Turkish Prime Minister Recep Tayyip Erdogan speaks during a meeting in Ankara, Turkey. (AP Photo)
Turkish Prime Minister Recep Tayyip Erdogan speaks during a meeting in Ankara, Turkey. (AP Photo)

Reforms not aimed at peace: PKK

By Jonathon Burch And Gulsen Solaker Time of article published Oct 1, 2013

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ANKARA - Kurdish militants and politicians dismissed on Tuesday a set of political reforms proposed by Turkey's ruling AK Party, saying they were not meant to end a 29-year conflict with the state and that the insurgents would present their response next week.

Prime Minister Tayyip Erdogan on Monday announced a much-vaunted list of reforms ranging from changes to the electoral system to the broadening of language rights.

While Erdogan maintained his “democratisation package” was not driven by efforts to end the fight with the outlawed Kurdistan Workers Party (PKK), the proposed changes are largely viewed as an attempt to advance the flagging peace process.

The PKK insurgency has marred Turkey's human rights record and crippled the economy in the mainly Kurdish southeast of the country. More than 40,000 people have been killed in fighting since 1984, most of them Kurds.

“It is apparent that the AK Party does not understand the Kurdish problem and is not serious in its approach,” the KCK - the rebels' umbrella political group - said in a statement.

“This package shows the only thing that is being considered is winning another election,” it said, and the PKK leadership would respond in a declaration next week.

Turkey will hold local elections in less than six months, the start of a voting cycle which also includes a presidential election next August - in which Erdogan is expected to run - and parliamentary polls in 2015.

Jailed PKK leader Abdullah Ocalan and Turkish officials began peace talks almost a year ago, and in March the rebels called a halt to hostilities.

The ceasefire has largely held but last month the PKK halted its withdrawal of fighters from Turkish soil and warned that attacks could resume without concrete action by the government.

The government accuses the militants of failing to live up to their side of the bargain, and Erdogan has said only 20 percent of PKK fighters had withdrawn from Turkey.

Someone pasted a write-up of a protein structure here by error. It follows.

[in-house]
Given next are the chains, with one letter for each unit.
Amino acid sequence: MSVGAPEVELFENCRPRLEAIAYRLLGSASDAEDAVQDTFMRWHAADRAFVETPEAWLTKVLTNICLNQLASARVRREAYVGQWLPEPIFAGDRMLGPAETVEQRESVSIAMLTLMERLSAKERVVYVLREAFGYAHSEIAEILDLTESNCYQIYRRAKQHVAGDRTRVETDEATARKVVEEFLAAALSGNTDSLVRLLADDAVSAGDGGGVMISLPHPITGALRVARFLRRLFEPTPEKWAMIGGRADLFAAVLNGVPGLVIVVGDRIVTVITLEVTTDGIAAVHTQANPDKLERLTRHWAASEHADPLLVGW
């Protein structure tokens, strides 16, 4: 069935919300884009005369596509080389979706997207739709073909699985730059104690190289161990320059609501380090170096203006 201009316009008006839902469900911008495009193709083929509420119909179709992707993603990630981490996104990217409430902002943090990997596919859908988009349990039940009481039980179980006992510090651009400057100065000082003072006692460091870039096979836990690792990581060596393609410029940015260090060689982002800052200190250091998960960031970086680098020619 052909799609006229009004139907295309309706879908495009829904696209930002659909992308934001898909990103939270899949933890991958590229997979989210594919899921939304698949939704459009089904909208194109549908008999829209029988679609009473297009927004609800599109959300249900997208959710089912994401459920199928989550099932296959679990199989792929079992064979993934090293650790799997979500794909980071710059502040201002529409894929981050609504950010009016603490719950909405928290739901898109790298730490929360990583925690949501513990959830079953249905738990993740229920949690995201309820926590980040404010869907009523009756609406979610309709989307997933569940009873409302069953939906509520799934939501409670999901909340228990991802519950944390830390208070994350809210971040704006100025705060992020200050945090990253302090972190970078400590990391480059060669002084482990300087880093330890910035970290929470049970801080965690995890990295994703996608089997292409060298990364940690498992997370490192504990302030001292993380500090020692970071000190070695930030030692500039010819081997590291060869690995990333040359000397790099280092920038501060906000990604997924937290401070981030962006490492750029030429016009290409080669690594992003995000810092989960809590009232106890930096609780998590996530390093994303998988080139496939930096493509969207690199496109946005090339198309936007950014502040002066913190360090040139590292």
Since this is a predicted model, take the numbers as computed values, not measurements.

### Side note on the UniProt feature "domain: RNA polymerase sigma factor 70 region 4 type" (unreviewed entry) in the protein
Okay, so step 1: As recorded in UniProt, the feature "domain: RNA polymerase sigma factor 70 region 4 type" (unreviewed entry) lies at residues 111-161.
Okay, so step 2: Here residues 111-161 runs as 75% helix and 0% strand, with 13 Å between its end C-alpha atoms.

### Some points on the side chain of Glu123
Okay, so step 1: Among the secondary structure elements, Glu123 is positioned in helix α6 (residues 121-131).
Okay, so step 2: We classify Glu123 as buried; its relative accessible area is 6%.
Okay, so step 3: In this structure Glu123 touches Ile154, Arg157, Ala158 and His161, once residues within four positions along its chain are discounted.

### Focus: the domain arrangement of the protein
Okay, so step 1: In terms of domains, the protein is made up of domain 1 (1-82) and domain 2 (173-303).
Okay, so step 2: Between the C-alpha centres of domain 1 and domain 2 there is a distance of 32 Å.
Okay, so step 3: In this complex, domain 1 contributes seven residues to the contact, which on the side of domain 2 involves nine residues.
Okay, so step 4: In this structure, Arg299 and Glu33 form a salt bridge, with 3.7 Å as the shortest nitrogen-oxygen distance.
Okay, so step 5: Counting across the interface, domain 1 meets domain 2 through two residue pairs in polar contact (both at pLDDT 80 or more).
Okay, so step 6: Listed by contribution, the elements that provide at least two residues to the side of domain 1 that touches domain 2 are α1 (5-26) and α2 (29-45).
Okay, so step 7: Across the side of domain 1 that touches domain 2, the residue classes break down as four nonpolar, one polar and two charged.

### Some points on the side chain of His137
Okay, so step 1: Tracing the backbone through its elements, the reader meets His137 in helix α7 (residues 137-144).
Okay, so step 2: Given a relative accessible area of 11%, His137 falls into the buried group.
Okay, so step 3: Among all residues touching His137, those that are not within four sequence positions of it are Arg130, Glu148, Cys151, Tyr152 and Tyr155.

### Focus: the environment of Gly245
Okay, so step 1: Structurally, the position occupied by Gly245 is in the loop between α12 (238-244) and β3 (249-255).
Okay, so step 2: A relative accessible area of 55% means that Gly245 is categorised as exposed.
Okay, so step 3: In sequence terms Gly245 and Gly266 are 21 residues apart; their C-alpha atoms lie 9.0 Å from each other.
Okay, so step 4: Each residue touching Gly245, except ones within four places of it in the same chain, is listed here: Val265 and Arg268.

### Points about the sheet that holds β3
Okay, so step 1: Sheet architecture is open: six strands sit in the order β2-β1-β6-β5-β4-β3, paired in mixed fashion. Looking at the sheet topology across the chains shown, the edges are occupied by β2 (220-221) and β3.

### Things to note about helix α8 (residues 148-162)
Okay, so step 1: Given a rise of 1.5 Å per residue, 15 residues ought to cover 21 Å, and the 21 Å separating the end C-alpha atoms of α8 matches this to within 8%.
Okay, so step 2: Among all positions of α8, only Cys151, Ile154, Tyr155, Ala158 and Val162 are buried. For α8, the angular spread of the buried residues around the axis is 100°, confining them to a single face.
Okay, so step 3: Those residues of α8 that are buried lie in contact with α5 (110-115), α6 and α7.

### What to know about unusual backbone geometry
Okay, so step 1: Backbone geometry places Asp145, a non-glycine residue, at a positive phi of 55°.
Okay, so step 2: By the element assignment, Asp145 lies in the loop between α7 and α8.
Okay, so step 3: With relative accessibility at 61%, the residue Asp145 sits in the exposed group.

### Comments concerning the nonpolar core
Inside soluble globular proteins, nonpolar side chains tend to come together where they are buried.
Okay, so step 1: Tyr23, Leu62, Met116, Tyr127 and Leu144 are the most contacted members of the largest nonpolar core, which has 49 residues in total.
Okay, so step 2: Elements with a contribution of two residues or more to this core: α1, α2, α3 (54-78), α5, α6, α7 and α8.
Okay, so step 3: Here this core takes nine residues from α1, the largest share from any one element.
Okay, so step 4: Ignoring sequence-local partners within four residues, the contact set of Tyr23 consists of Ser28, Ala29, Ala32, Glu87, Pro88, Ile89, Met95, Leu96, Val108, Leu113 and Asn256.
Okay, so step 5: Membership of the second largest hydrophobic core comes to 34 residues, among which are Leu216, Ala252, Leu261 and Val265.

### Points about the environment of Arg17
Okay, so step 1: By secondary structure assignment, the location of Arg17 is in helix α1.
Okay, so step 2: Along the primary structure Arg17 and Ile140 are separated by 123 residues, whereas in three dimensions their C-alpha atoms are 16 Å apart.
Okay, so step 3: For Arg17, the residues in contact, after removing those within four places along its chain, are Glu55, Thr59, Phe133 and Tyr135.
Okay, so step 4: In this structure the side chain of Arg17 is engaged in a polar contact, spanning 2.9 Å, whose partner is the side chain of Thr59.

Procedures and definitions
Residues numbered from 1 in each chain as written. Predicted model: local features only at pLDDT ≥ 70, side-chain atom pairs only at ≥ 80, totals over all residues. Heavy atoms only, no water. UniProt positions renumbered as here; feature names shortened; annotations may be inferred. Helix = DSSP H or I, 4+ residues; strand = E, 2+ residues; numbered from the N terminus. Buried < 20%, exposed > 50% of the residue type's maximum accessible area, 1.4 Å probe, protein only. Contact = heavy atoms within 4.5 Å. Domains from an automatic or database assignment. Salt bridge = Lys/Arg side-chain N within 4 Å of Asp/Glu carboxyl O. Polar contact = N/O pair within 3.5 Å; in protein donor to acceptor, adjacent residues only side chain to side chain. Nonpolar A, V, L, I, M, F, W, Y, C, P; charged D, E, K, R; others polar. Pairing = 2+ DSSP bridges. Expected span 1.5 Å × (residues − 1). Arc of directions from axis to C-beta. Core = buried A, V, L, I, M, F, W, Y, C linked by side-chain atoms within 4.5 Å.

The pro-Kurdish Peace and Democracy Party (BDP), which has 29 seats in parliament, has said the reforms fall well short of their list of demands, and on Tuesday suggested the insurgents could return to violence.

“Our expectation and our efforts will be for the continuation of a state of non-conflict. However, desire is one thing and reality is another. We want this and we will endeavour to achieve this,” BDP co-chairwoman Gultan Kisanak said.

Kisanak told Reuters she could not predict exactly how the militants would react as the party did not speak for the PKK, but there was now a renewed sense of discontent among Kurds.

“There is frustration and there is a deadlock and the government's stance and approach are not directed toward easing this frustration or breaking this deadlock,” Kisanak said.

Central to Erdogan's proposals are changes to the electoral system whereby parliament would debate reducing the threshold for a political party to enter parliament to 5 percent of the national vote, or even eliminate the barrier completely, and introduce a “narrowing” of the current constituency system.

The current 10 percent threshold, among the highest in the world, has kept pro-Kurdish groupings outside of parliament and has been one of the main grievances of Turkey's Kurds who make up around a fifth of the country's 76 million population.

But Kisanak said that while the BDP supported the elimination of the vote barrier, the proposed alternatives would still favour larger parties because of Turkey's centralised system of government.

That Erdogan presented the existing voting system as one of three proposals, she said, showed the government was not serious about introducing change.

Kisanak said the proposals on language rights, including education in Kurdish, were a facade as this would only apply to private fee-paying schools beyond the means of most Kurds.

Kurdish politicians and activists say their demands on education reform are also not simply about language but about altering the curriculum which they say often gives a distorted history of the Kurds and other minorities.

A proposal for parties to campaign in their mother tongue also falls short, the BDP says, because it only applies to the period before elections.

The major reform proposals announced by Erdogan will have to be passed by parliament in order to come into effect. However, Kisanak criticised the fact that the AK Party brought all the measures to the house as one single package, forcing lawmakers to either accept or reject all the proposals in one go.

“Because they are all in one 'sack', they leave people with a dilemma when they have to make their choice. This is not a democratic procedure,” she said.


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